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Italian Language Lessons
Grammar, spelling, and usage

Italian Indirect Object Pronouns
Workbook Exercises About This Topic
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Indirect object nouns and pronouns (i pronomi indiretti) answer the question to whom? or for whom? In English, the word "to" is sometimes omitted:

We gave a cookbook to Uncle John.
We gave Uncle John a cookbook.

In Italian, the preposition a is always used before an indirect object noun:

Ho regalato un libro di cucina allo zio Giovanni. (I gave a cookbook to Uncle John.)
Perché non regali un profumo alla mamma? (Why don't you give Mother some perfume?)
Puoi spiegare questa ricetta a Paolo? (Can you explain this recipe to Paul?)

Indirect object pronouns replace indirect object nouns. They are identical in form to direct object pronouns, except for the third-person forms gli, le, and loro. For all the forms, see below.

ITALIAN INDIRECT OBJECT PRONOUNS
PERSONSINGULARPLURAL
Imi (to/for me)ci (to/for us)
IIti (to/for you, informal)vi (to/for you, informal)
IIIgli (to, for him)loro (gli) (to/for them, masculine)
le (to, for her)loro (gli) (to/for them, feminine)
Le (to/for you, formal)Loro (to/for you, formal, masculine/feminine)

All indirect object pronouns except loro and Loro precede a conjugated verb, just like the direct object pronouns (loro and Loro follow the verb):

Le ho dato tre ricette. (I gave her three recipes.)
Ci offrono un caffè. (They offer us a cup of coffee.)
Parliamo loro domani. (We'll talk to them tomorrow.)

Similarly, indirect object pronouns attach to infinitives, which lose their final -e:

Non ho tempo di parlargli. (I have no time to talk to him.)

NOTE: In current Italian usage, the use of the indirect object pronoun gli in place of loro is common: Li invitai a casa e gli offrii un aperitivo instead of Li invitai a casa e offrii loro un aperitivo. In spoken and casual language gli also tends to supplant the singular feminine form le: Se la vedi non dirgli niente instead of Se la vedi non dirle niente. However, in written and formal Italian it's best to maintain the distinction between gli/le.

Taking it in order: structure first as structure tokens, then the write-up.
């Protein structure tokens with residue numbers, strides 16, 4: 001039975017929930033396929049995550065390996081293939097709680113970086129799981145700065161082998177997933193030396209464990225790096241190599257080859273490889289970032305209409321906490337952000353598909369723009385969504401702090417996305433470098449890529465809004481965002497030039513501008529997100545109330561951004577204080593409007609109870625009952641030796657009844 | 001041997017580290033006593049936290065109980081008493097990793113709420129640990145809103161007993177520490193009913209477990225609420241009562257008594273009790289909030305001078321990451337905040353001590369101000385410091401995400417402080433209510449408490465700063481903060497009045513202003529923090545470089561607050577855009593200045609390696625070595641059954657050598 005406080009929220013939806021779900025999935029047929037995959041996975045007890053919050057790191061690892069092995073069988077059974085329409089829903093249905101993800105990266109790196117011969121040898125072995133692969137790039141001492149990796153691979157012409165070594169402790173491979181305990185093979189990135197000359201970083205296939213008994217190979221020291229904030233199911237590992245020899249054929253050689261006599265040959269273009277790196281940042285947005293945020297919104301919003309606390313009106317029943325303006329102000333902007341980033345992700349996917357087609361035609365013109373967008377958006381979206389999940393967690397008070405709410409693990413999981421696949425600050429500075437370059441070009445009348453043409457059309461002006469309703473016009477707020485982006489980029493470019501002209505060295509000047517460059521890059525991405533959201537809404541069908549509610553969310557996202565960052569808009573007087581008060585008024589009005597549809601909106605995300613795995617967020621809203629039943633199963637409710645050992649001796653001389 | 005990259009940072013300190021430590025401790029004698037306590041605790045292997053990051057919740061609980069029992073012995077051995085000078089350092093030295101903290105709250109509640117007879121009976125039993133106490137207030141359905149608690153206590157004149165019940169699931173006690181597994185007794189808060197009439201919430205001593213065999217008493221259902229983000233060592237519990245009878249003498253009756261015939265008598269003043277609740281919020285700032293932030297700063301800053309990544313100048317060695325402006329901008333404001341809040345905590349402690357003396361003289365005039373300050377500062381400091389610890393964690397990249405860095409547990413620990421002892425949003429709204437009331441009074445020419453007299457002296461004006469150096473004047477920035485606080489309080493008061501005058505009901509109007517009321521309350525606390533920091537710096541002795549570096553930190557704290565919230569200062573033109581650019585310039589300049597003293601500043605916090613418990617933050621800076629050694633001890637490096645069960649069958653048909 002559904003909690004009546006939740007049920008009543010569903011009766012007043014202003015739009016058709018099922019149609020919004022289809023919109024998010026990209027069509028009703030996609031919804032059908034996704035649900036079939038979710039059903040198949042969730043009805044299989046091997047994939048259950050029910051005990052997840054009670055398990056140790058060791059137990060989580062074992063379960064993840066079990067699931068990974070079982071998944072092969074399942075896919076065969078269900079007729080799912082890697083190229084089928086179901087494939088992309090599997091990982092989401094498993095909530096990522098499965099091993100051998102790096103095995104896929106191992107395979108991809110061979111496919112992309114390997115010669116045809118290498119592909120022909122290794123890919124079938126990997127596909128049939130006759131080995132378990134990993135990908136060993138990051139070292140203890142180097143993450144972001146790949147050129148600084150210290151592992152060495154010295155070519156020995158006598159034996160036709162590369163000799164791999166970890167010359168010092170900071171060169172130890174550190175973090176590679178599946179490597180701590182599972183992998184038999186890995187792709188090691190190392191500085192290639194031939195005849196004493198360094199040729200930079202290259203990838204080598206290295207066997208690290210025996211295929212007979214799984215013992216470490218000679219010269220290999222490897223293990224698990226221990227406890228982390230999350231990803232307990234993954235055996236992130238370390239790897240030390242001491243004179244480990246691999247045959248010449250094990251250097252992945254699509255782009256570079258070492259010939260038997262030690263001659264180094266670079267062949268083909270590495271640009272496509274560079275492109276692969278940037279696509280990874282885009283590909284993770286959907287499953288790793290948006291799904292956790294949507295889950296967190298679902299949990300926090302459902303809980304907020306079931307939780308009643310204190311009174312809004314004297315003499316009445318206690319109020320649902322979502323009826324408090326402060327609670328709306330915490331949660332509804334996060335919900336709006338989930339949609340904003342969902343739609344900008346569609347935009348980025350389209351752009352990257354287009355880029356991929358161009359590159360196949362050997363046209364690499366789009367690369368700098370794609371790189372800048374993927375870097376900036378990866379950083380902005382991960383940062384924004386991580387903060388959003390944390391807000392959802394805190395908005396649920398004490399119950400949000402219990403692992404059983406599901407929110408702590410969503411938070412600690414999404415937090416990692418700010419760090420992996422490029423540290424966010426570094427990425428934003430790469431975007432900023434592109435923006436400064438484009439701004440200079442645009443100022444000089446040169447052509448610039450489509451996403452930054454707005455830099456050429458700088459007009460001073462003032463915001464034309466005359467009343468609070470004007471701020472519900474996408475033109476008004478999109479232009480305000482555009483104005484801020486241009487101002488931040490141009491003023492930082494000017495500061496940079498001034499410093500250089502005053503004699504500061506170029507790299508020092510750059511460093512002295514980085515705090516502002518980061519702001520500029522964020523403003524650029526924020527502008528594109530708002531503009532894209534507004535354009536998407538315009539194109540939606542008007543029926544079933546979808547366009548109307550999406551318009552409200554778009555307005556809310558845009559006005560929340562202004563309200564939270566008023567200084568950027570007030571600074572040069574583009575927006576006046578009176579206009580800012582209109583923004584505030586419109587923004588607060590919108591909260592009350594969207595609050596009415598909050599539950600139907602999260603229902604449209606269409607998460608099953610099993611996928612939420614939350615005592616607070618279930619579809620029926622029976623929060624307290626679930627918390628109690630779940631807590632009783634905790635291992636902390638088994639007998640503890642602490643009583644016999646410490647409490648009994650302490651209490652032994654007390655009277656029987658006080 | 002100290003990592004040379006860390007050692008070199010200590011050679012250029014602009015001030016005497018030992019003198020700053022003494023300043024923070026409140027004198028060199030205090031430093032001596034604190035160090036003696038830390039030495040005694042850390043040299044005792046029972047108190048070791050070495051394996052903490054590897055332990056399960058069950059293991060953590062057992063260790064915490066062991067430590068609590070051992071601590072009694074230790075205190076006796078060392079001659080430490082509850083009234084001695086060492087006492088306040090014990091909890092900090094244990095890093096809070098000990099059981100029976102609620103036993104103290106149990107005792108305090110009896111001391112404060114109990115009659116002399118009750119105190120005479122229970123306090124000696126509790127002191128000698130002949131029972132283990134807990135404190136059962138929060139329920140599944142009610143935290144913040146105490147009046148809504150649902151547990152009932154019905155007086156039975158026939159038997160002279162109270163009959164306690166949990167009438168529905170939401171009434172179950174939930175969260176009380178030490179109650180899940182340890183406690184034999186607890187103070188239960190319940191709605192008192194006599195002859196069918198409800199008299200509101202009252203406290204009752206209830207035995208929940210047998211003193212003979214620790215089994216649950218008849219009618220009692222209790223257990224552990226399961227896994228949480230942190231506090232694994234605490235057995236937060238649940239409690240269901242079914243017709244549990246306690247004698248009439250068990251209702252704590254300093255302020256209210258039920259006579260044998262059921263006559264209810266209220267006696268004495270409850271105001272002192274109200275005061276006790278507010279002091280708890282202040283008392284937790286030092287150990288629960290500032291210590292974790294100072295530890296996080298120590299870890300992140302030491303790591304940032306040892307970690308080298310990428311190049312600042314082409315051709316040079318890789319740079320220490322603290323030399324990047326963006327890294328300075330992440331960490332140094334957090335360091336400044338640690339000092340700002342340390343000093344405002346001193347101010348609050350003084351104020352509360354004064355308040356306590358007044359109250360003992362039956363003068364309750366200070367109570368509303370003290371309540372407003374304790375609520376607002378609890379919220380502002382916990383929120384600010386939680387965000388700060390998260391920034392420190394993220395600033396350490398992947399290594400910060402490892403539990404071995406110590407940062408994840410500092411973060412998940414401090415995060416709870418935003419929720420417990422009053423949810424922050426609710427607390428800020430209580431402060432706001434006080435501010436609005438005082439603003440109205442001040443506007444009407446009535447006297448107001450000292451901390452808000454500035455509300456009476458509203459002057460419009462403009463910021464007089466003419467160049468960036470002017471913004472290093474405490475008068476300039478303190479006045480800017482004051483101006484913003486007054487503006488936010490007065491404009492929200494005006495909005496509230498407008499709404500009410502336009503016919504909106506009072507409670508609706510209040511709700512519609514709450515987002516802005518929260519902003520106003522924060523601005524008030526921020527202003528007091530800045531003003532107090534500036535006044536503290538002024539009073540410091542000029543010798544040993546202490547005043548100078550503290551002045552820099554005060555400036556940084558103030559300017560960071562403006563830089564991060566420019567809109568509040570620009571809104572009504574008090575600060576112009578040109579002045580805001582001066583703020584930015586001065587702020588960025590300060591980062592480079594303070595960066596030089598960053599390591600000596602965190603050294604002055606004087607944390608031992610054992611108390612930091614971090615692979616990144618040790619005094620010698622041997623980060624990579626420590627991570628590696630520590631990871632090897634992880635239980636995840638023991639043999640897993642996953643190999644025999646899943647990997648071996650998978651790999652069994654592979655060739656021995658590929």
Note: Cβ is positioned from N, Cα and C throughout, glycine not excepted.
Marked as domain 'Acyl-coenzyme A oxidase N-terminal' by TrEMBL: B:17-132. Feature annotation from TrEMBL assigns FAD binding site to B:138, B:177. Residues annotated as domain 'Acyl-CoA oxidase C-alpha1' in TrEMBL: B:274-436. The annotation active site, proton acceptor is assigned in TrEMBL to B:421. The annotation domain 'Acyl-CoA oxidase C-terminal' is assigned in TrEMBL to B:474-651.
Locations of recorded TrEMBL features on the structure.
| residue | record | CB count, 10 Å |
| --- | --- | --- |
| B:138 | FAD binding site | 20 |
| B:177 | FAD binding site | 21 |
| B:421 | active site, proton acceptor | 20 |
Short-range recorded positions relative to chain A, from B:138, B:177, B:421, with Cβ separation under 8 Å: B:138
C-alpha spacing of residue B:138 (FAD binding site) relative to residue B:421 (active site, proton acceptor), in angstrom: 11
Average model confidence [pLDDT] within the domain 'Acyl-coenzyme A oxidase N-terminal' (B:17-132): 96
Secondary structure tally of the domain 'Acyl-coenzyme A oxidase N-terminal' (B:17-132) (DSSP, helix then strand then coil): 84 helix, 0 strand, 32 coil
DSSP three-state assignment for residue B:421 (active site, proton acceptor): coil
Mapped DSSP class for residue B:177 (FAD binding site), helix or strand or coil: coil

If the infinitive is preceded by a conjugated form of dovere, potere, or volere, the indirect object pronoun may also precede the conjugated verb:

Voglio parlargli./Gli voglio parlare. (I want to talk to him.)

Also note that le and gli are never elided before a verb beginning with a vowel or an h:

Le offro un caffè. (I offer her a cup of coffee.)
Gli hanno detto "Ciao!". (They said "Ciao!" to him.)

The table below provides a few common Italian verbs that are often used with indirect object nouns or pronouns.

VERBS THAT TAKE ON INDIRECT OBJECTS
dareto give
direto say
domandareto ask
(im)prestareto lend
insegnareto teach
mandareto send
mostrareto show
offrireto offer
portareto bring
preparareto prepare
regalareto give (as a gift)
rendereto return, give back
riportareto bring back
scrivereto write
telefonareto telephone


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